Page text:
On December 3, the Commission revoked the registration of each class of registered securities of 2000 New Commerce, Inc. (2000 New) for failure to make required periodic filings with the Commission.

Without admitting or denying the findings in the Order, except as to jurisdiction, which it admitted, 2000 New consented to the entry of an Order Making Findings and Revoking Registration of Securities Pursuant to Section 12(j) of the Securities Exchange Act of 1934 as to 2000 New Commerce, Inc. finding that it had failed to comply with Section 13(a) of the Securities Exchange Act of 1934 (Exchange Act) and Rules 13a-1 and 13a-13 thereunder and revoking the registration of each class of 2000 New's securities pursuant to Section 12(j) of the Exchange Act. This order settled the charges brought against 2000 New in In the Matter of 2 I, Inc., et al., Administrative Proceeding File No. 3-13294.

Brokers and dealers should be alert to the fact that Exchange Act Section 12(j) provides, in pertinent part, as follows:

No member of a national securities exchange, broker, or dealer shall make use of the mails or any means or instrumentality of interstate commerce to effect any transaction in, or to induce the purchase or sale of, any security the registration of which has been and is suspended or revoked . . . .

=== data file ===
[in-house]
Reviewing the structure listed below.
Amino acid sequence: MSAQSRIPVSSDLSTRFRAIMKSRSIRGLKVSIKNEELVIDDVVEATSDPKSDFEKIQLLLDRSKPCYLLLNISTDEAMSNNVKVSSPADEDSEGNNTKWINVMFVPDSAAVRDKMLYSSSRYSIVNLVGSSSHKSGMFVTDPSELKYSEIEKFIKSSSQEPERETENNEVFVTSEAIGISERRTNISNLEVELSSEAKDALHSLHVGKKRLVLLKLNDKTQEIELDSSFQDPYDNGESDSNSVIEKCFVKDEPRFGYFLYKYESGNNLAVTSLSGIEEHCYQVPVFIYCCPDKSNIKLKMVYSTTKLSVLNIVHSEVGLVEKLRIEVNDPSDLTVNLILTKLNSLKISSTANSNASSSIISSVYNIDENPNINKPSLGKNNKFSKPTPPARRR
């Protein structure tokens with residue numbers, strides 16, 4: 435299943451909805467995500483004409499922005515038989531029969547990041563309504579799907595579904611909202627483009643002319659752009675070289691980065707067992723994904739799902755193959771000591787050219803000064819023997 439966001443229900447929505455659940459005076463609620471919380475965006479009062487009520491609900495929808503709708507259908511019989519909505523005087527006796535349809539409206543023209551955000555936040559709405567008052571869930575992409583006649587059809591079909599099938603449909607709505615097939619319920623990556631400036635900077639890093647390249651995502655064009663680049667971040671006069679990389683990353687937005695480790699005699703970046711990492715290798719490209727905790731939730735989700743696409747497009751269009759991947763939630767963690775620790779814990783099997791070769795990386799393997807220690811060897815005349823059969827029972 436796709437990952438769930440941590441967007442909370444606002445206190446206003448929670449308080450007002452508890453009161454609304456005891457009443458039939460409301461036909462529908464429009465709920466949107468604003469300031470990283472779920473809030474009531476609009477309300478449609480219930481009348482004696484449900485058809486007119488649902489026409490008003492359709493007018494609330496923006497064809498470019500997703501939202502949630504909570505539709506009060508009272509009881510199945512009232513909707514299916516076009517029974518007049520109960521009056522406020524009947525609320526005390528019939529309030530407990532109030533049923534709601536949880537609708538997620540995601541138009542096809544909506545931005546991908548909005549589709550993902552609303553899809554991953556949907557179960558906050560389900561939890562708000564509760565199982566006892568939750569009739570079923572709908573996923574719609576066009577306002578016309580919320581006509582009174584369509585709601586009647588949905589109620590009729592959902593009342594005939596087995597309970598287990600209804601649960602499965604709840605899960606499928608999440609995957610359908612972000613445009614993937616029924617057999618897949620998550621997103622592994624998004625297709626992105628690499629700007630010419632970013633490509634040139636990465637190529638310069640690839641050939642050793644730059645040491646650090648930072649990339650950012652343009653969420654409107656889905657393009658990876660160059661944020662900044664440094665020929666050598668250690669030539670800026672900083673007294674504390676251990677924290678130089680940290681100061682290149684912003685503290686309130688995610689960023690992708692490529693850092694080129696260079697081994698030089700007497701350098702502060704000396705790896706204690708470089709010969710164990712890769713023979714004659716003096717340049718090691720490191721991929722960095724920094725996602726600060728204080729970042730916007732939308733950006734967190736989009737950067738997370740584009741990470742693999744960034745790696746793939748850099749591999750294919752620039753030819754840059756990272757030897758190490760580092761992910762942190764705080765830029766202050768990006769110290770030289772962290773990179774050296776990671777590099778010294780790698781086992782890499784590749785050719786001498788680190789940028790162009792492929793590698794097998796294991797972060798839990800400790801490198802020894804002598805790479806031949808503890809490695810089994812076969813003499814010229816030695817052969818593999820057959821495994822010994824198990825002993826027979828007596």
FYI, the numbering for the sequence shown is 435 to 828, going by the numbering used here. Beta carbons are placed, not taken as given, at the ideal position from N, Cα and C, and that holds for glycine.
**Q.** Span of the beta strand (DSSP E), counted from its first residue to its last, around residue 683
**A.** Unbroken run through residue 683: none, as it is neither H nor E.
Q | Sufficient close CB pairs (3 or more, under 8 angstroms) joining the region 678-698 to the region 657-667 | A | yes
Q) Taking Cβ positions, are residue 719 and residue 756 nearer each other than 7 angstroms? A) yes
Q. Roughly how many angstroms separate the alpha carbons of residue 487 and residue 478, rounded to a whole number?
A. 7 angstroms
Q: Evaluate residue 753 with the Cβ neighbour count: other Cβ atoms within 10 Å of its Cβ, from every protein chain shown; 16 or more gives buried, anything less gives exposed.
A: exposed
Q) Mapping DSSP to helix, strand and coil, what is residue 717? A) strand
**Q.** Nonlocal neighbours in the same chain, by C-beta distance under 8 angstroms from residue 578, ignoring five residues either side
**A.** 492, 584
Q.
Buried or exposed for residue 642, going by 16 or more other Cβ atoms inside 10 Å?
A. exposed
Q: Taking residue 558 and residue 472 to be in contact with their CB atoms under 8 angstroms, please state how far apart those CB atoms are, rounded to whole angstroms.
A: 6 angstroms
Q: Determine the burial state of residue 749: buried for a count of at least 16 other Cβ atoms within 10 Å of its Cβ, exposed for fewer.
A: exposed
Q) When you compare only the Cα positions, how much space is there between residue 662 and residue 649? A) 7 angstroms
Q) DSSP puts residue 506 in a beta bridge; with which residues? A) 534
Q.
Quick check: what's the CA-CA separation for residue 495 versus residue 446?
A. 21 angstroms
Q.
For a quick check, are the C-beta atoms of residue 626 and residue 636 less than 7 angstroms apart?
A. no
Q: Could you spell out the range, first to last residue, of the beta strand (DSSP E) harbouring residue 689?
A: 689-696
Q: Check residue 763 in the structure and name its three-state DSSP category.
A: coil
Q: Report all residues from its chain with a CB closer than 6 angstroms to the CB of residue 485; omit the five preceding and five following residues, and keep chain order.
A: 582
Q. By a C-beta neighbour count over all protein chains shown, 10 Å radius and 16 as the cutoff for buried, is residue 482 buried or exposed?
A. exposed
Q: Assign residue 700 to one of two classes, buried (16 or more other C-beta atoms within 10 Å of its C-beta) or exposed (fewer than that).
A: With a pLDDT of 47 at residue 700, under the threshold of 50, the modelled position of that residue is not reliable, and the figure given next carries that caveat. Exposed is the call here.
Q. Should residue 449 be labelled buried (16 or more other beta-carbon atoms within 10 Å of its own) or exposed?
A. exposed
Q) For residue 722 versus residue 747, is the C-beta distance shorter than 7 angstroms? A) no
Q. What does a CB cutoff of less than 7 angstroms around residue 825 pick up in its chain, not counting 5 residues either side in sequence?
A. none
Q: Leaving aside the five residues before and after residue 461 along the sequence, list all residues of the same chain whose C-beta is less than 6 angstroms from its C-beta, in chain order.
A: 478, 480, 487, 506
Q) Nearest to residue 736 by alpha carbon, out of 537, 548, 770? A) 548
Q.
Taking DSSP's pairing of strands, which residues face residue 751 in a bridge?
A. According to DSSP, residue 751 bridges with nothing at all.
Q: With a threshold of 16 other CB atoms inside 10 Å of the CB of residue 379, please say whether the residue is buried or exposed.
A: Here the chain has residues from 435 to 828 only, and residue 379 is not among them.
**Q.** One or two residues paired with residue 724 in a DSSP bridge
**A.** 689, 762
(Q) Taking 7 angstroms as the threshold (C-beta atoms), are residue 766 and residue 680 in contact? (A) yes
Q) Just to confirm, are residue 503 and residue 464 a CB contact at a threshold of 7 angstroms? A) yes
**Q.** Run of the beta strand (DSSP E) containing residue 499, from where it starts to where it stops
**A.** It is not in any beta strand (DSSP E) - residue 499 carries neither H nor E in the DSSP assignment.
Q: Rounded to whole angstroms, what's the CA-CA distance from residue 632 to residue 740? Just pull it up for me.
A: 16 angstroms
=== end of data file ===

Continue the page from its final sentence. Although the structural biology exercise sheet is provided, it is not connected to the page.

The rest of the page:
For further information see Order Instituting Administrative Proceedings and Notice of Hearing Pursuant to Section 12(j) of the Securities Exchange Act of 1934, In the Matter of 2 I, Inc., et al., Administrative Proceeding File No. 3-13294, Exchange Act Release No. 58982 (Nov. 20, 2008). (Rel. 34-59042; File No. 3-13294)

SEC Recovers More Than $2.6 Million Upon Entry of Default Judgment Against Italian Resident for Insider Trading

The Commission recovered over $2.6 million as part of the relief ordered against Cristian De Colli, a machinery engineer residing in Rome, Italy, for engaging in insider trading in the securities of DRS Technologies, Inc., prior to the public disclosure of advanced merger negotiations. Final judgment by default was entered after the Commission successfully obtained emergency injunctive relief against De Colli within days of the DRS merger announcement.